THE UNIVERSITY has yet to reopen the program for Education students wanting to major in Filipino. The College of Education is not offering the Bachelor of Secondary Education (BSE)-Filipino this academic year due to lack of students.

Of 140 Education sophomores, only 15 signed up to take BSE Filipino last year, said Roberto Ampil, head of the University-wide Filipino Department. Education students are assigned to their majors in their second year. At least 20 students should be enrolled for the major in Filipino program to push through.

Education Dean Clotilde Arcangel has tasked Ampil to encourage Education freshmen to take up BSE-Filipino.

“Napag-desisyunan na pansamantalang ‘wag munang ituloy at magkaroon muna ng one-year campaign para makakuha ng sapat na bilang na kukuha ng major na ito,” Ampil told the Varsitarian in an interview.

“Sabi nga ni Dean Arcangel sa akin, ‘it is your ball game.’ Ang malaking hamon nito, makaka-attract ka ba [ng students]? Kasi numbers game ang labanan dito.”

Filipino teachers from different colleges will teach Education freshmen as part of the campaign.

“Ang magtuturo doon (College of Education) ay may malaking tungkulin na ibenta ‘yung Filipino major. Ibig sabihin, magtuturo sila para magkaroon ng interes ang mga estudyante na kumuha ng Filipino. Kapag nakita kasi ng estudyante na [magagaling ang mga guro], mahihikayat [sila] na kumuha [ng Filipino],” he said.

Students are not interested in taking up Filipino because of the seeming lack of opportunities after graduation, Ampil said. But Filipino majors can be textbook writers, researchers and translators, among others.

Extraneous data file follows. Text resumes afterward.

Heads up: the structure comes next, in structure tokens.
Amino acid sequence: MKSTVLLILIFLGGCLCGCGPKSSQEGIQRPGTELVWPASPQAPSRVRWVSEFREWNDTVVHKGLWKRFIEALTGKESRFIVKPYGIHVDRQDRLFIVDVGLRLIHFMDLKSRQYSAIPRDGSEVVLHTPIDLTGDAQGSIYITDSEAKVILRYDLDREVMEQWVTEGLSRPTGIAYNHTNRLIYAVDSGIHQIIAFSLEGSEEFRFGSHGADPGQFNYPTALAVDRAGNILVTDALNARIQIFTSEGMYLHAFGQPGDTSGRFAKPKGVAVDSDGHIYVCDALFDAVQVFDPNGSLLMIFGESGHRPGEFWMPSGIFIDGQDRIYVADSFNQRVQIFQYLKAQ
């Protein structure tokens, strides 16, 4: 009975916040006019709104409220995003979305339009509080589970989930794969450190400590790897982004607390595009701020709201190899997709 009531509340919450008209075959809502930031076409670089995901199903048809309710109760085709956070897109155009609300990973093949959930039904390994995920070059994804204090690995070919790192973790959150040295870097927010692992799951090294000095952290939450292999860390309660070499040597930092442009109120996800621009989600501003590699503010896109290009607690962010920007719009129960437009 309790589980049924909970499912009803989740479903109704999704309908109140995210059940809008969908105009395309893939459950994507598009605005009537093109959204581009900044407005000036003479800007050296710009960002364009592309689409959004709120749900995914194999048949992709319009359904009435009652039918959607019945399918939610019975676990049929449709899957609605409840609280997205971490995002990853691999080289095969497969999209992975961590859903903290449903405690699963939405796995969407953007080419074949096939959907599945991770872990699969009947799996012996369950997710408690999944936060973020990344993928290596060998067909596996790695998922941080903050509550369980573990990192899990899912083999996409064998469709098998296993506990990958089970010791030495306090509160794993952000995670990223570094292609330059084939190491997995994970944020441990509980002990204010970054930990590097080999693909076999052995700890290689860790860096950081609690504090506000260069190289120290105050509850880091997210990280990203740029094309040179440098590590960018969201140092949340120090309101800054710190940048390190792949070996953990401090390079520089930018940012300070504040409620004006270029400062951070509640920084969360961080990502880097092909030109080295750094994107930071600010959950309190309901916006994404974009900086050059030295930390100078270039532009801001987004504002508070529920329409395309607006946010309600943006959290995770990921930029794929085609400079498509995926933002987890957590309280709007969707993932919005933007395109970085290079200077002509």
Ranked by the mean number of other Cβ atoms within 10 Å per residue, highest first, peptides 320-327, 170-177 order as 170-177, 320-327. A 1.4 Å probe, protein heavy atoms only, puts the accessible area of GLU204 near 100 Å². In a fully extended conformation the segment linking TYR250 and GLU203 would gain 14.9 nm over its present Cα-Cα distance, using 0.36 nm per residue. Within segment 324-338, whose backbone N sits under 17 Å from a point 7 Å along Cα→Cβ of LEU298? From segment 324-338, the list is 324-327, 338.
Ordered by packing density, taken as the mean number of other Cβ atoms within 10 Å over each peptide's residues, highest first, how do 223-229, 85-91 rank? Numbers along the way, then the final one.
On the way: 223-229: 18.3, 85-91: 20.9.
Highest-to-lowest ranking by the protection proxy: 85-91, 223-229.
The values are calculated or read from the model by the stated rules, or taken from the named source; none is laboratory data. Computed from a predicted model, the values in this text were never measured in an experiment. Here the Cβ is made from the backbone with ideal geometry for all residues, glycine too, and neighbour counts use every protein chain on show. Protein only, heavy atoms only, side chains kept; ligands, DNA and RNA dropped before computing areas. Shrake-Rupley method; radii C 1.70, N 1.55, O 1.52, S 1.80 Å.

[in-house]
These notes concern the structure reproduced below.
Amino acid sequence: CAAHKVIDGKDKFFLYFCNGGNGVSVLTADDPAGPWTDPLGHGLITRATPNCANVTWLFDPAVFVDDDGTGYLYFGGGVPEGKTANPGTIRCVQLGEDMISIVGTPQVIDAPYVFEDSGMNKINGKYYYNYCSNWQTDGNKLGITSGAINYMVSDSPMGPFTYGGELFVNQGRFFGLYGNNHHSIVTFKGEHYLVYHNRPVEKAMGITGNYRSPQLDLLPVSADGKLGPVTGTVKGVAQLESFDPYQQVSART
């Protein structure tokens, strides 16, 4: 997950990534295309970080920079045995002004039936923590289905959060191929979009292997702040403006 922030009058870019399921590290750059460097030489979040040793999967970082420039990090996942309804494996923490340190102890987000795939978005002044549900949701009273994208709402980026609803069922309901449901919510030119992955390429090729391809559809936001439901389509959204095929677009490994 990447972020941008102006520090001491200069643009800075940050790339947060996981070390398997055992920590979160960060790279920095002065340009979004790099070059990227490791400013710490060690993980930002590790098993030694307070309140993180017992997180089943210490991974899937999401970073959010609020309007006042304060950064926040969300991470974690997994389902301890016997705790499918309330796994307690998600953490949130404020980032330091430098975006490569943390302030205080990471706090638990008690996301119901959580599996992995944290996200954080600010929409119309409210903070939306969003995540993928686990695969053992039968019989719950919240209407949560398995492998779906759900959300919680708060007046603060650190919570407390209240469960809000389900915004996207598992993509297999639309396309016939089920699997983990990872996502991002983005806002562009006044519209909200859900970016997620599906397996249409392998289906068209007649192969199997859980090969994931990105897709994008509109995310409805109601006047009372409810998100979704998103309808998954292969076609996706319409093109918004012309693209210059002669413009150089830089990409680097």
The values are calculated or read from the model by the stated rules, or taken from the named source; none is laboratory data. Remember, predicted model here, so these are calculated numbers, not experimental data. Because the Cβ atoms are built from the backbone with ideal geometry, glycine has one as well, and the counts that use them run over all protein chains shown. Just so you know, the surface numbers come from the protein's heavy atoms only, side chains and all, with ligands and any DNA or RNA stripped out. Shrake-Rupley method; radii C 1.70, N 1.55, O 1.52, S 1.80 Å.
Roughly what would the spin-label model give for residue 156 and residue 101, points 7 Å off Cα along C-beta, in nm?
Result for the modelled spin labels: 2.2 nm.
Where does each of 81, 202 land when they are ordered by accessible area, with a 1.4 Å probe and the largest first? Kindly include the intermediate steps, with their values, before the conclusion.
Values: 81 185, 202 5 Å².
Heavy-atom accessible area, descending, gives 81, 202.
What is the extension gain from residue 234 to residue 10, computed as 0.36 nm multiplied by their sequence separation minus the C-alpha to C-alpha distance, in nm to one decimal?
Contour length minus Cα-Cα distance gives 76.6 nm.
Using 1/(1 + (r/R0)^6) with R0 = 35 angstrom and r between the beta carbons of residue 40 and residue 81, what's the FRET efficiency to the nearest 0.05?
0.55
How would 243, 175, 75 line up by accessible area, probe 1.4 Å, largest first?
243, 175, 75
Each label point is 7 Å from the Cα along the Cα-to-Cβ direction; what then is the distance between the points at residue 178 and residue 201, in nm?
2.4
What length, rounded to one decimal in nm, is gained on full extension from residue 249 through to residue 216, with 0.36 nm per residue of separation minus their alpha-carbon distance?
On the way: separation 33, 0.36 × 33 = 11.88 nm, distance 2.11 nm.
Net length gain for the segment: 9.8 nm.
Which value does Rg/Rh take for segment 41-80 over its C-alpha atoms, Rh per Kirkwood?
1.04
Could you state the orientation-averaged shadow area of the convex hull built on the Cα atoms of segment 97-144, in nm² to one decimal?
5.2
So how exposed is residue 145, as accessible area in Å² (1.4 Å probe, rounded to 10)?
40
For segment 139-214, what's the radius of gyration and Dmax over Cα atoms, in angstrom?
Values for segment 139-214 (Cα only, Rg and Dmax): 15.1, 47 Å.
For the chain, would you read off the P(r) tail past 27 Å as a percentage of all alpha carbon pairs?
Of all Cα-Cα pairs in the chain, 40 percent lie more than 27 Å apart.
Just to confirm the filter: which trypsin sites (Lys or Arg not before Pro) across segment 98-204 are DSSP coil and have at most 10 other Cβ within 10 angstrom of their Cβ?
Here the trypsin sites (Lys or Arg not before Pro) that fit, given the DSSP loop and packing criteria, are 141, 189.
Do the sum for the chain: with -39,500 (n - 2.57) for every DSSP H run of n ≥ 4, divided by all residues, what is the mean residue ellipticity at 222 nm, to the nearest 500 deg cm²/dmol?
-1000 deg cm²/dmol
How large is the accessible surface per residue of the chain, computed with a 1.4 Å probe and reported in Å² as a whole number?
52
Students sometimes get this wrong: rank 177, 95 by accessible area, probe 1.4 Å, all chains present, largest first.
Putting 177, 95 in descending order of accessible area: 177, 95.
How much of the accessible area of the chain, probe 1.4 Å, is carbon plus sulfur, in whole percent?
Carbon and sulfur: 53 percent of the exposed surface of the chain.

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“Hindi pa ganoon kalinaw sa kanila ang kagandahan ng pagkuha ng Filipino."

He added: "Ang hindi nakikita ng ibang estudyante, higit na mas malaki ang oportunidad sa Filipino kasi sa paniniwala ko, ang isang guro sa Filipino ay hindi lamang kayang magturo sa Filipino kundi kaya ring magturo sa Ingles,” he added.

‘Major-less’ department

BSE-Filipino was supposed to provide the Filipino Department a program to handle.

“Nagkaroon ng departamento ng Filipino pero walang BSE-Filipino."

"Kung nagkaroon ng departamento, para ma-sustain [at] magkaroon ng faculty na magtuturo, dapat mayroong kurso sa Filipino,” Ampil said.

Faculty members with postgraduate degrees teaching Filipino as a general education subject will subsequently lose their teaching loads because of the K to 12 curriculum. The solution to this, according to Ampil, is reopening BSE-Filipino.

“May pangamba na mawawalan ng teaching load ang mga [Filipino] professors. Ang isang pantulong natin dito ay magkaroon ng BSE-Filipino kung saan [sila ay] makakapagturo ng kurso kung saan sila naging dalubhasa. Doctor ka, may [master’s degree]. Pero ang tinuturo mo, basic subjects?”

The Department of Filipino closed in 1979 and was merged with Spanish and English to form the Department of Languages. It was reopened in 2010. In 2007, one student graduated with the BSE-Filipino degree.

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